By: Odette Cancer Centre Clinical Research Programme Blog Working Group
There is an abundance of information out there about clinical trials. In the Patient Education and Resource Learning centre (PEARL) at the Odette Cancer Centre you can pick up a free copy of “Clinical Trials, A guide for people with cancer” written by the Canadian Cancer Society, which contains a lot of useful and relevant general information related to clinical trials.
The guide includes the following info:
What is a clinical trial?
A clinical trial is a type of research study. Clinical trials help find new methods for diagnosing, treating, managing and preventing cancer.
Why are clinical trials important?
Clinical trials show us what does and doesn’t work in medicine. They answer important scientific questions and lead to future research. Through past clinical trials, doctors have developed new methods of surgery that are easier on the patient, found new and more efficient drugs for specific types of cancer and found treatments that have fewer side effects.
Joining a clinical trial
You may be thinking about taking part in a clinical trial or your doctor may have asked you about participating in one. There are many reasons why you might choose to take part. Many people like the idea that they’re helping other with cancer, both now and in the future.
If you’re thinking of participating in a clinical trial, talk to your doctor or someone on your healthcare team. They can answer your questions and help find out whether you’re eligible to enter a specific trial. Before deciding whether a clinical trial is an option for you or someone you care about, it’s important to learn all you can about the trial
What you need to know
Each clinical trial has its own protocol, criteria for eligibility, benefits and risks. It is important that you understand each of these before you decide to enroll in a trial. Discuss the details of the clinical trial with your healthcare team.
Giving informed consent
You will be asked to give informed consent before taking part in a clinical trial. You will receive a printed informed consent form that outlines key facts about the study in plain language. The form should include details about the treatment, tests and any potential benefits, risks or side effects of the treatment. It should explain anything else that you may have to do. If you agree to take part in the study, you will be asked to sign the consent form and you will be given a copy of it.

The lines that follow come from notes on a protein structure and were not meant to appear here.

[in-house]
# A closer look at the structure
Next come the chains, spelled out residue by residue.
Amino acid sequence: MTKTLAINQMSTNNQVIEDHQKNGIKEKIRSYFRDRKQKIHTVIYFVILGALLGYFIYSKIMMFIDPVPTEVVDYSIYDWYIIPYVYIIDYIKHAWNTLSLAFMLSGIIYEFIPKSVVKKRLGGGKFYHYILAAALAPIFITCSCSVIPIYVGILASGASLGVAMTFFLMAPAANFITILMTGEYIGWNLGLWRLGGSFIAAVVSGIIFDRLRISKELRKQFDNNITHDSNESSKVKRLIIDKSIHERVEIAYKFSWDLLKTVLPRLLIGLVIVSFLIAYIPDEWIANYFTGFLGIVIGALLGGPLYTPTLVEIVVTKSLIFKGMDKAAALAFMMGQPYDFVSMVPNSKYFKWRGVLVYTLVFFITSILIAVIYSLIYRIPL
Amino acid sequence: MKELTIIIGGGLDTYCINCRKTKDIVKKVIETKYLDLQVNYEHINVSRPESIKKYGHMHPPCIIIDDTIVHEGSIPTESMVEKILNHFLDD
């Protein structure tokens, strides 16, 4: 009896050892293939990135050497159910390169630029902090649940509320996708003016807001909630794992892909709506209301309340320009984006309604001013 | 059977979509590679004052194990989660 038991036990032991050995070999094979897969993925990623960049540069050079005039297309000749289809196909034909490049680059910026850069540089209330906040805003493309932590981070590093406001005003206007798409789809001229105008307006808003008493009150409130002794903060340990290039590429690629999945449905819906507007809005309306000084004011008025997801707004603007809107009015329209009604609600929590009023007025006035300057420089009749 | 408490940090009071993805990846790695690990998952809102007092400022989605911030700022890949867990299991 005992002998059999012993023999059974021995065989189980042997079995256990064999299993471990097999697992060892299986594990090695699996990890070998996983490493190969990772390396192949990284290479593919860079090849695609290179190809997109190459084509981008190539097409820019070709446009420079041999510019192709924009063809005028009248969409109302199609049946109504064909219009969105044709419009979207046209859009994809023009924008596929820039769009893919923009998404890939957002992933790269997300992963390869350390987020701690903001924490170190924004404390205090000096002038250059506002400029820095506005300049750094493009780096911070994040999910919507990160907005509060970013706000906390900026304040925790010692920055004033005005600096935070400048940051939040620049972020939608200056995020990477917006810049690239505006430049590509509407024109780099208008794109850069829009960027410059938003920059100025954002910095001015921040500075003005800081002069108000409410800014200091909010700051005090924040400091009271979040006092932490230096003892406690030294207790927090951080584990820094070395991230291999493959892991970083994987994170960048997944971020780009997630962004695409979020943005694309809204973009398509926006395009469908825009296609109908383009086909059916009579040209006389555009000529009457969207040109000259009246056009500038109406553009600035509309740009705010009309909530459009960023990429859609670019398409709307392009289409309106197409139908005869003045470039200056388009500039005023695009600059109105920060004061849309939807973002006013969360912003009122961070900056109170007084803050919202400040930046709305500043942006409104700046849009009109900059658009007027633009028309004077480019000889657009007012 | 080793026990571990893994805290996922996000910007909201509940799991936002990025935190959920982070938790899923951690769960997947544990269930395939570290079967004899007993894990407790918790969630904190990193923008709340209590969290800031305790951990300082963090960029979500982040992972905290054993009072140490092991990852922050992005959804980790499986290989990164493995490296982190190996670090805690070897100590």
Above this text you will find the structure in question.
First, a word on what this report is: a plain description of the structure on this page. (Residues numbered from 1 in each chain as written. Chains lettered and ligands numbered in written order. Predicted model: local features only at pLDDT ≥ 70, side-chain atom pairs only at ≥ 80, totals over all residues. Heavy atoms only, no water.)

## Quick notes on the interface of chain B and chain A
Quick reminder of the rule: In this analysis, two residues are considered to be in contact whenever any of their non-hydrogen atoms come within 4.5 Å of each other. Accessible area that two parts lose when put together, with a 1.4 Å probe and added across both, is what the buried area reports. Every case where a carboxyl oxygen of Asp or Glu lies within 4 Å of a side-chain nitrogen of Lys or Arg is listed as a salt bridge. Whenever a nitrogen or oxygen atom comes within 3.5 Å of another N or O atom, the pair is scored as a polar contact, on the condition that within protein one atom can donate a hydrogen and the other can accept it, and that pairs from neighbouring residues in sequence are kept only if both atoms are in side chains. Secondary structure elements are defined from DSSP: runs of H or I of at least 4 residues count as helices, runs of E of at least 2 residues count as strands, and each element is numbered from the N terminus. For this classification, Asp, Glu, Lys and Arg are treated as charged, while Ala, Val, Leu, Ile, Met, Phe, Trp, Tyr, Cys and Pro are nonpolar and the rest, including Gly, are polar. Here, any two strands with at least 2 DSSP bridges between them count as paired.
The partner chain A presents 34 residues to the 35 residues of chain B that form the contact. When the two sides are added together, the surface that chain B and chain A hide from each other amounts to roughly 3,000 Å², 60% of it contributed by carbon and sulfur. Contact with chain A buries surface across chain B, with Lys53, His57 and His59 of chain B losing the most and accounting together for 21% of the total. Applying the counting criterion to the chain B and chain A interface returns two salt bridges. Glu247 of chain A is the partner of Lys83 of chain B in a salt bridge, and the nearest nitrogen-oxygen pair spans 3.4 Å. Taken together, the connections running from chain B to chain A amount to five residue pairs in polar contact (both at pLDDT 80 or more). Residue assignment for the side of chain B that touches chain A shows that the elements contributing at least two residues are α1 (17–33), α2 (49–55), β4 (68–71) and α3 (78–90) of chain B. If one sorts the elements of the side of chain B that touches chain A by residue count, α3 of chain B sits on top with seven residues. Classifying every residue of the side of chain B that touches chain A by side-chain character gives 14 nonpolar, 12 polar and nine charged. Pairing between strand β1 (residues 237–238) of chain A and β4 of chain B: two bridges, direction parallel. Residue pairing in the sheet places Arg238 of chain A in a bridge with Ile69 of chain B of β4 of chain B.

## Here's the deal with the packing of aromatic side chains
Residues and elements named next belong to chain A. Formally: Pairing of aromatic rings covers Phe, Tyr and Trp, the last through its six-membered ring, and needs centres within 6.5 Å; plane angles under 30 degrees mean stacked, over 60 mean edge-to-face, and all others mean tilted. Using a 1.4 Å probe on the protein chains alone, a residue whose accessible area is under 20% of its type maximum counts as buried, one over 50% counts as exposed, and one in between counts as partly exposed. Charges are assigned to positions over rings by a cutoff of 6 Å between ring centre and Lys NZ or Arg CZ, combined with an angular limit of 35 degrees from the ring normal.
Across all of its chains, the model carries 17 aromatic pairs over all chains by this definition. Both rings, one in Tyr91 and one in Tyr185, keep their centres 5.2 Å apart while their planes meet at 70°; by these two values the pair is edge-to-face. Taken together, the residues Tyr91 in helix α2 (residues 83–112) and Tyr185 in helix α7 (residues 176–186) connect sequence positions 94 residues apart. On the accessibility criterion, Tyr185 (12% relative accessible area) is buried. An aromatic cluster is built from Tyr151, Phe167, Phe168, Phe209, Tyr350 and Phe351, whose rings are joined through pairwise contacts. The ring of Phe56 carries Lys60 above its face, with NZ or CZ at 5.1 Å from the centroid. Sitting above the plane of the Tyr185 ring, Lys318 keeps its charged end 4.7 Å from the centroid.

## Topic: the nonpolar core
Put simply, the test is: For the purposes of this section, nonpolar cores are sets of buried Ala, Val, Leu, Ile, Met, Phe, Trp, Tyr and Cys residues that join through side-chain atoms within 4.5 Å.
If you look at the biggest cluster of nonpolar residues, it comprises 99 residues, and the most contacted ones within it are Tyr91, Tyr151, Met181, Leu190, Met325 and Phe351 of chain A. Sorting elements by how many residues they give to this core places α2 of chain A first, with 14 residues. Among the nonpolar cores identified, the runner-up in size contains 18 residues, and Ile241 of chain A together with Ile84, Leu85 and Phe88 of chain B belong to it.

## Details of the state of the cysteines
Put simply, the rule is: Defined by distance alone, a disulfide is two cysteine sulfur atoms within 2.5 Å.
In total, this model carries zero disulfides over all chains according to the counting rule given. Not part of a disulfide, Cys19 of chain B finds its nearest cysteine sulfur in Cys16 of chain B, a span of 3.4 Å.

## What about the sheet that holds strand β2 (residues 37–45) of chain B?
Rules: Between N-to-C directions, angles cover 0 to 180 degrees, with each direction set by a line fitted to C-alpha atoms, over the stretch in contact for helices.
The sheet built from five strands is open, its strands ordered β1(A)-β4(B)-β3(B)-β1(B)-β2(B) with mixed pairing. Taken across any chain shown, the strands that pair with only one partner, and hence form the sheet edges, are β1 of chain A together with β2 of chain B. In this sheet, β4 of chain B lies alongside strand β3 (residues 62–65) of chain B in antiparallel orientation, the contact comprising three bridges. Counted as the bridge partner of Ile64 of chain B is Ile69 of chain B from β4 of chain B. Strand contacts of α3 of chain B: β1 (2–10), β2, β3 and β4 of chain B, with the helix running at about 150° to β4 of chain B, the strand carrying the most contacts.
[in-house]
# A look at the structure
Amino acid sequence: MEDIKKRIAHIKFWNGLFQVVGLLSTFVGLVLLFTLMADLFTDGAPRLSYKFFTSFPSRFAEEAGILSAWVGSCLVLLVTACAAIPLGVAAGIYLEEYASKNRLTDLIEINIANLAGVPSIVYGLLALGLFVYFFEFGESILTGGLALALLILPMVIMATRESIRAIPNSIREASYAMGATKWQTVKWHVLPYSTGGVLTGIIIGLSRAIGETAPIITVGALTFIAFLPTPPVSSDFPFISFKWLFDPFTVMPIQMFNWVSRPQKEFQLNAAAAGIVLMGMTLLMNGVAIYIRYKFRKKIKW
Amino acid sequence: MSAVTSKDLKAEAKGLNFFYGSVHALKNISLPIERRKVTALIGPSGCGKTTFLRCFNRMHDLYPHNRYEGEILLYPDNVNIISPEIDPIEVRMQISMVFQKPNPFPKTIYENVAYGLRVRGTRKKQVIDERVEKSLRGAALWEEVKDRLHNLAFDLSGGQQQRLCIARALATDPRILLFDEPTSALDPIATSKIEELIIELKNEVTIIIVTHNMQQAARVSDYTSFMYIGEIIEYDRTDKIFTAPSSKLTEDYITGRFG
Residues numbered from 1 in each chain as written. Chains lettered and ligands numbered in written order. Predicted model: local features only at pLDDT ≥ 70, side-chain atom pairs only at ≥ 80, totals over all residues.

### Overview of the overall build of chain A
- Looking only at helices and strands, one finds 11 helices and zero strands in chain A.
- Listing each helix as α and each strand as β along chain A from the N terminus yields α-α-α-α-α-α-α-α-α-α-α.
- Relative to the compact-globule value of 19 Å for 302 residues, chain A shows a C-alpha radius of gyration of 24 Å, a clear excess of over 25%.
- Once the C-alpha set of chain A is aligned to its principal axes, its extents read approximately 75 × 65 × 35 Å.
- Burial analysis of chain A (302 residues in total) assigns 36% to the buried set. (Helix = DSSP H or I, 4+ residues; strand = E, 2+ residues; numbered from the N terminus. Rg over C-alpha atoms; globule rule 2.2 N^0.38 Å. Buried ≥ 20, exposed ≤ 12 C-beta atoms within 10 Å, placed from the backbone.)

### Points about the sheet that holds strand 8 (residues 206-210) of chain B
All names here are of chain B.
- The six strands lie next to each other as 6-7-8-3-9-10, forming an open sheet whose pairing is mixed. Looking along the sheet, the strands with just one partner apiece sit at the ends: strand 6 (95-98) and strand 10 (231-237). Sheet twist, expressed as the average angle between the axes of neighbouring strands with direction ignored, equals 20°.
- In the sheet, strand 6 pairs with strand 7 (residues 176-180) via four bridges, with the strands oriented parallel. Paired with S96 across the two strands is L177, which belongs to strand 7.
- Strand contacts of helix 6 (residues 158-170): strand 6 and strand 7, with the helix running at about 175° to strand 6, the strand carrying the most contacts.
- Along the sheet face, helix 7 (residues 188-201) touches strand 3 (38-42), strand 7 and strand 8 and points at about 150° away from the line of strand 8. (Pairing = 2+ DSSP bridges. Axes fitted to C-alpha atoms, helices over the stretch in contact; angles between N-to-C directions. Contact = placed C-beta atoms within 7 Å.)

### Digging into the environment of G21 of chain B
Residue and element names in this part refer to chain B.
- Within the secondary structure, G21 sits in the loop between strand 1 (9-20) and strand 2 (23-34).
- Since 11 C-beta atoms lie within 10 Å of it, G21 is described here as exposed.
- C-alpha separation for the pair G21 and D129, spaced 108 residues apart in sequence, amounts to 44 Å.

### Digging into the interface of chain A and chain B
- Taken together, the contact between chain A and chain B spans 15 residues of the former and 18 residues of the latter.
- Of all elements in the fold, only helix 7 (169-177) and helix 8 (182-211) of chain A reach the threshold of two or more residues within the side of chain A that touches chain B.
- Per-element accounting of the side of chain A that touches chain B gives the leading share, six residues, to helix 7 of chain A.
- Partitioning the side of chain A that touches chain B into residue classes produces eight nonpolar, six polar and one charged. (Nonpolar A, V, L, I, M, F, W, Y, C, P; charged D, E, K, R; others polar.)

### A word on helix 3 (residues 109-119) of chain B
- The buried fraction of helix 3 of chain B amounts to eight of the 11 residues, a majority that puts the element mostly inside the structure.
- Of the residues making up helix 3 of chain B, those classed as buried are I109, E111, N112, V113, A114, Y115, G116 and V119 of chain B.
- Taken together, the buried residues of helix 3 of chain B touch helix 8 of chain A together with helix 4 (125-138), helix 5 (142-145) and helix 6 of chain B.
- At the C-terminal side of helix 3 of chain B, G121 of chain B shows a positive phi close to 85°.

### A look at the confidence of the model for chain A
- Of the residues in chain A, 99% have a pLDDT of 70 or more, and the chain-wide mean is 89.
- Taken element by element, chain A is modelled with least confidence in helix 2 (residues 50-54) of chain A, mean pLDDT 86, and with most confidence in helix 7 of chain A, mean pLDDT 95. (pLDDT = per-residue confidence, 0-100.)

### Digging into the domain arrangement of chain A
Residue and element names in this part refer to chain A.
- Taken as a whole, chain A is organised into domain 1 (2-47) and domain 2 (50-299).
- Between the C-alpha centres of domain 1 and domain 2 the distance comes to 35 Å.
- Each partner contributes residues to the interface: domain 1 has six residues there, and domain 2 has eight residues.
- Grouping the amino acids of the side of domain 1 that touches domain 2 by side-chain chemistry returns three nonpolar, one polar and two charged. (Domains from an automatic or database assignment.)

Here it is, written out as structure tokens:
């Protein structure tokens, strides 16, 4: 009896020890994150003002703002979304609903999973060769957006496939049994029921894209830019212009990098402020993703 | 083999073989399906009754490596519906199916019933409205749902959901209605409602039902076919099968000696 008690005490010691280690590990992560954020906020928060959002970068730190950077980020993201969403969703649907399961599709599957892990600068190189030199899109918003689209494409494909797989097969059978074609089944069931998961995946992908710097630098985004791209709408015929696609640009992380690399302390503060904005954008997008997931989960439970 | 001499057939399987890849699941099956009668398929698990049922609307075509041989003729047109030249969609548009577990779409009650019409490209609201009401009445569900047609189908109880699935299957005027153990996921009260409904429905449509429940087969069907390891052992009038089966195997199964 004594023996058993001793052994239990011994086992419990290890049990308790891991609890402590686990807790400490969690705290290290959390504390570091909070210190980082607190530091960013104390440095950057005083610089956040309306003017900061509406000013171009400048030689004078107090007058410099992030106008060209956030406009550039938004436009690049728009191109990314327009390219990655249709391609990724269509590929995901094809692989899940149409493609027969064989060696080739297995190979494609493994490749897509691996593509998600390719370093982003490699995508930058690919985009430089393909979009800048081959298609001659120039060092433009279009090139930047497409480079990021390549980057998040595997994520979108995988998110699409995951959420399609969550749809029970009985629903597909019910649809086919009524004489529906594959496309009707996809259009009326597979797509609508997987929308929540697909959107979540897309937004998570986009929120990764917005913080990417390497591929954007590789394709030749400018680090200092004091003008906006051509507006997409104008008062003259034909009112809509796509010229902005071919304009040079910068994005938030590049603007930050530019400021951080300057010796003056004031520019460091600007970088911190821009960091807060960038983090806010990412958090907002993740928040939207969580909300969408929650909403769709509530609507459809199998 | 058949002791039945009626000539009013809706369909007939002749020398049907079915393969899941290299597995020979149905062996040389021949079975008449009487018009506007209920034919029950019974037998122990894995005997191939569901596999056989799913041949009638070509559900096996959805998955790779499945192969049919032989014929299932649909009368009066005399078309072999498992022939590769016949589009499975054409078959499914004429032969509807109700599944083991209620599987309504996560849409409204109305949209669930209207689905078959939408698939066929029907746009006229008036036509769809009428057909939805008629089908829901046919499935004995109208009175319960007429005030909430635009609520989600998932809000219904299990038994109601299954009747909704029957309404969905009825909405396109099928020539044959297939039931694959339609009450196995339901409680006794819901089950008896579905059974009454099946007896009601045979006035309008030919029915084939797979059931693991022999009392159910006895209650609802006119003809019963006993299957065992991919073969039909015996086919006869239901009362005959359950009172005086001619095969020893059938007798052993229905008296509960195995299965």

• You understand that the trial is a scientific experiment, and there may be risks to your health.
• You have been told why the trial is being done, the drugs you might be given, the number of clinic visits and the kinds of lab tests required.
• You have all the information you need to decide whether to take part in the trial.
The informed consent process continues throughout the study. You will be told about new information that develops during your clinical trial, such as new risks. You may be asked to sign a new consent from as things develop during the study.
Even after you have given your consent, you can leave the trial at any time. You are in control and have the right to leave a clinical trial at any time. You do not need to give a reason.
Other links of interest about clinical trials
Clinical Trials at Sunnybrook:
Ontario Cancer Trials: http://www.ontario.canadiancancertrials.ca/
Canadian Cancer Trials: www.canadiancancertrials.ca
National Cancer Institute: www.nci.nih.gov/clinicaltrials/
Cancer View: http://www.cancerview.ca
Clinical Trials Registry: https://clinicaltrials.gov/ct/gui
Odette Cancer Centre Clinical Research Programme Blog Working Group